Quick Review: The Gifts of Imperfect Parenting

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I have recently done several reviews on Brene Brown’s books  – you can search this blog for reviews on The Gift of Imperfection, Daring Greatly, Rising Strong, and Braving the Wildnerness.  Before the end of the year here I’ll add one more since I just finished her short audio book called The Gifts of Imperfect Parenting.

This is short, but from a life and value standpoint, it might even by my favorite of her books because we’re deep into the parenting life stage of life, on the verge of having teenagers. Ten years ago I made a commitment to reading a marriage and parenting book each year.  Now, I’m ramping that up to 3-4 books each year on marriage and parenting because there’s no point in saving that learning until after our kids are out of the house.

This book provides short summaries of Brown’s work on shame and vulnerability, but there are just tons of nuggets that are awesome and life-giving for parenting and they often are directly backed up by research as well.  More importantly for me, most insights I believe reflect Biblical truths about leadership and parenting based on grace and truth.  The book is full of insights and principles that parents just need constant reminders so this is a book probably worth doing an annual review of because it’s that practical and helpful. It helps illuminate poor thinking patterns based on the surrounding culture and re-set for the sake of healthy and empowering relationships.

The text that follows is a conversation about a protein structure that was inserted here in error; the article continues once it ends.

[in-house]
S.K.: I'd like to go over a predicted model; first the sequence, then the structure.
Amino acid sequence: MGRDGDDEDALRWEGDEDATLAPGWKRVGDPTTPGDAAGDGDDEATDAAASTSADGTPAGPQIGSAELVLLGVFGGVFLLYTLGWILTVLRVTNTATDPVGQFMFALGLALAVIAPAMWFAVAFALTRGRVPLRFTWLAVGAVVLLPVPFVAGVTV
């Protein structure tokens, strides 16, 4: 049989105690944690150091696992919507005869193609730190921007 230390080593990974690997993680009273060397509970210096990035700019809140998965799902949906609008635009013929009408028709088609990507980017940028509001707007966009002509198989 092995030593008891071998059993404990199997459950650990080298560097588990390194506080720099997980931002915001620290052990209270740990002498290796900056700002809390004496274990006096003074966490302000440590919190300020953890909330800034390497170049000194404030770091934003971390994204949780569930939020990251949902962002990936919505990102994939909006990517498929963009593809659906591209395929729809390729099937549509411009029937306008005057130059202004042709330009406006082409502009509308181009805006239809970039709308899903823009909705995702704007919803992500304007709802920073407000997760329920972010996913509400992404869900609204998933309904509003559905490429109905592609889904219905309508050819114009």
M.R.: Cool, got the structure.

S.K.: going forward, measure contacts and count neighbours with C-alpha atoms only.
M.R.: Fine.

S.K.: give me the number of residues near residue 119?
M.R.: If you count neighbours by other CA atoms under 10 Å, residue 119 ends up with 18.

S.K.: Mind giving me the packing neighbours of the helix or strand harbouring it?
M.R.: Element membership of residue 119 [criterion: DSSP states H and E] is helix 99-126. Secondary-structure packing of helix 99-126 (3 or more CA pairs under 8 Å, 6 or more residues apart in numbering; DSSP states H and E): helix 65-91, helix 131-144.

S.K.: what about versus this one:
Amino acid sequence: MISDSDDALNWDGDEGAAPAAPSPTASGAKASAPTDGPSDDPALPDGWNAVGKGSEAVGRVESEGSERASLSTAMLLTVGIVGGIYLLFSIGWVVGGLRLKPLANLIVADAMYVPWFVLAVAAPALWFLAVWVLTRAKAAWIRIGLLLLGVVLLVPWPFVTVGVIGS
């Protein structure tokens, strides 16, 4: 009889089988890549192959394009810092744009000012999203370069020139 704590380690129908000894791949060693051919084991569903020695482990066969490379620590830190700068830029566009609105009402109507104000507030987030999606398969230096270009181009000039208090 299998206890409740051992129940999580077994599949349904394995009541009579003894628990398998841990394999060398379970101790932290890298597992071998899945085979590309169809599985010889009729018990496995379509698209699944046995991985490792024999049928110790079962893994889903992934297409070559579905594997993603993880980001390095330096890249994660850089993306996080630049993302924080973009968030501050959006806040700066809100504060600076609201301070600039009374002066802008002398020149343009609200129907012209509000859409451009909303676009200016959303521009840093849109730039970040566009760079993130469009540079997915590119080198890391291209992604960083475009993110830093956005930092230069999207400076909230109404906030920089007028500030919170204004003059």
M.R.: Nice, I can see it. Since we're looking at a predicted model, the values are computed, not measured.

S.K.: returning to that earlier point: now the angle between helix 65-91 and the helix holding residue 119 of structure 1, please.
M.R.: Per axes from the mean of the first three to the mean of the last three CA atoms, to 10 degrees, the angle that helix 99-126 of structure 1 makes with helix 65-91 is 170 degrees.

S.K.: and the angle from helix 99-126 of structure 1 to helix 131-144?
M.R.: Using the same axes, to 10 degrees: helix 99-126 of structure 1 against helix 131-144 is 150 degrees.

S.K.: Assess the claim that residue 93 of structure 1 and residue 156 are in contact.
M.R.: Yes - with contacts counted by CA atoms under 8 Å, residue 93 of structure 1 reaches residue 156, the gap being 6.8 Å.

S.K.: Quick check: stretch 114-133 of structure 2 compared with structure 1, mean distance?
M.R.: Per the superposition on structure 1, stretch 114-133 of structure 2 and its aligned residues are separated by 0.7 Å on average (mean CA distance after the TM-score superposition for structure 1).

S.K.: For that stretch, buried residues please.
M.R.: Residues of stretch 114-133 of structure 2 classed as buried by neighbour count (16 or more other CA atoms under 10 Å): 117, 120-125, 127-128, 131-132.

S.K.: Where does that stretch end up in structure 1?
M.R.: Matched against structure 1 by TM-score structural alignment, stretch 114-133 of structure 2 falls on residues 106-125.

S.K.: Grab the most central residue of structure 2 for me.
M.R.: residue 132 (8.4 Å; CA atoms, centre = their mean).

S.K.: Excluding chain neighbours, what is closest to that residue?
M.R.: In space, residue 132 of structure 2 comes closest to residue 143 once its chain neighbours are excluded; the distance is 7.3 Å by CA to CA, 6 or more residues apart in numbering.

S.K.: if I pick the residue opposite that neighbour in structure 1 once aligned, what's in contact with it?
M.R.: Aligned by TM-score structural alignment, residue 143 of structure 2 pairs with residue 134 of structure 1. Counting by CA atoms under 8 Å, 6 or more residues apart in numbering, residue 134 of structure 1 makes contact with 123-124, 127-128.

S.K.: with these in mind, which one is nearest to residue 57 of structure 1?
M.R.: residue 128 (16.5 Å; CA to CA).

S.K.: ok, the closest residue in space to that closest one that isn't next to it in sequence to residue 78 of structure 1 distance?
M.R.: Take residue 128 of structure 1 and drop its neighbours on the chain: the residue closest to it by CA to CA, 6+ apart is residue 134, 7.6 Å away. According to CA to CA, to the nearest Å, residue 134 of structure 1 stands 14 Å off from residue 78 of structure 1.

Some of the key sections relate to perfectionism and shame in parenting, over-functioning and control in parenting, struggle and hope, creativity and play, gratitude and joy, boundaries, and a variety of other things.

Beyond just being a general parenting book, the powerful piece still is the connection between shame and parenting which I believe also extends to leadership. Shame can be a factor in hindering play, increasing perfectionism and image management, and levels of control and comparison among others. This is important and reinforces one of her initial principles – who we are is more important than what we do.  That idea is really tough for a lot of folks, but it’s critical!

We have to deal with our own hearts. This is another reason why the question of where we get our worthiness from is crucial. People seek worthiness in all sorts of things – but I believe worthiness is ultimately only found unconditionally through a God who offers unconditional forgiveness in grace and truth. We need to be transformed first before we can be agents of transformation for others. If we have unresolved shame, that will translate to our efforts in shaping and molding those entrusted to us.

Here is a great specific summary of the audiobook that outlines principle by principle what Brown covers. This gives a real concrete picture of what is in the recording and the content.

 

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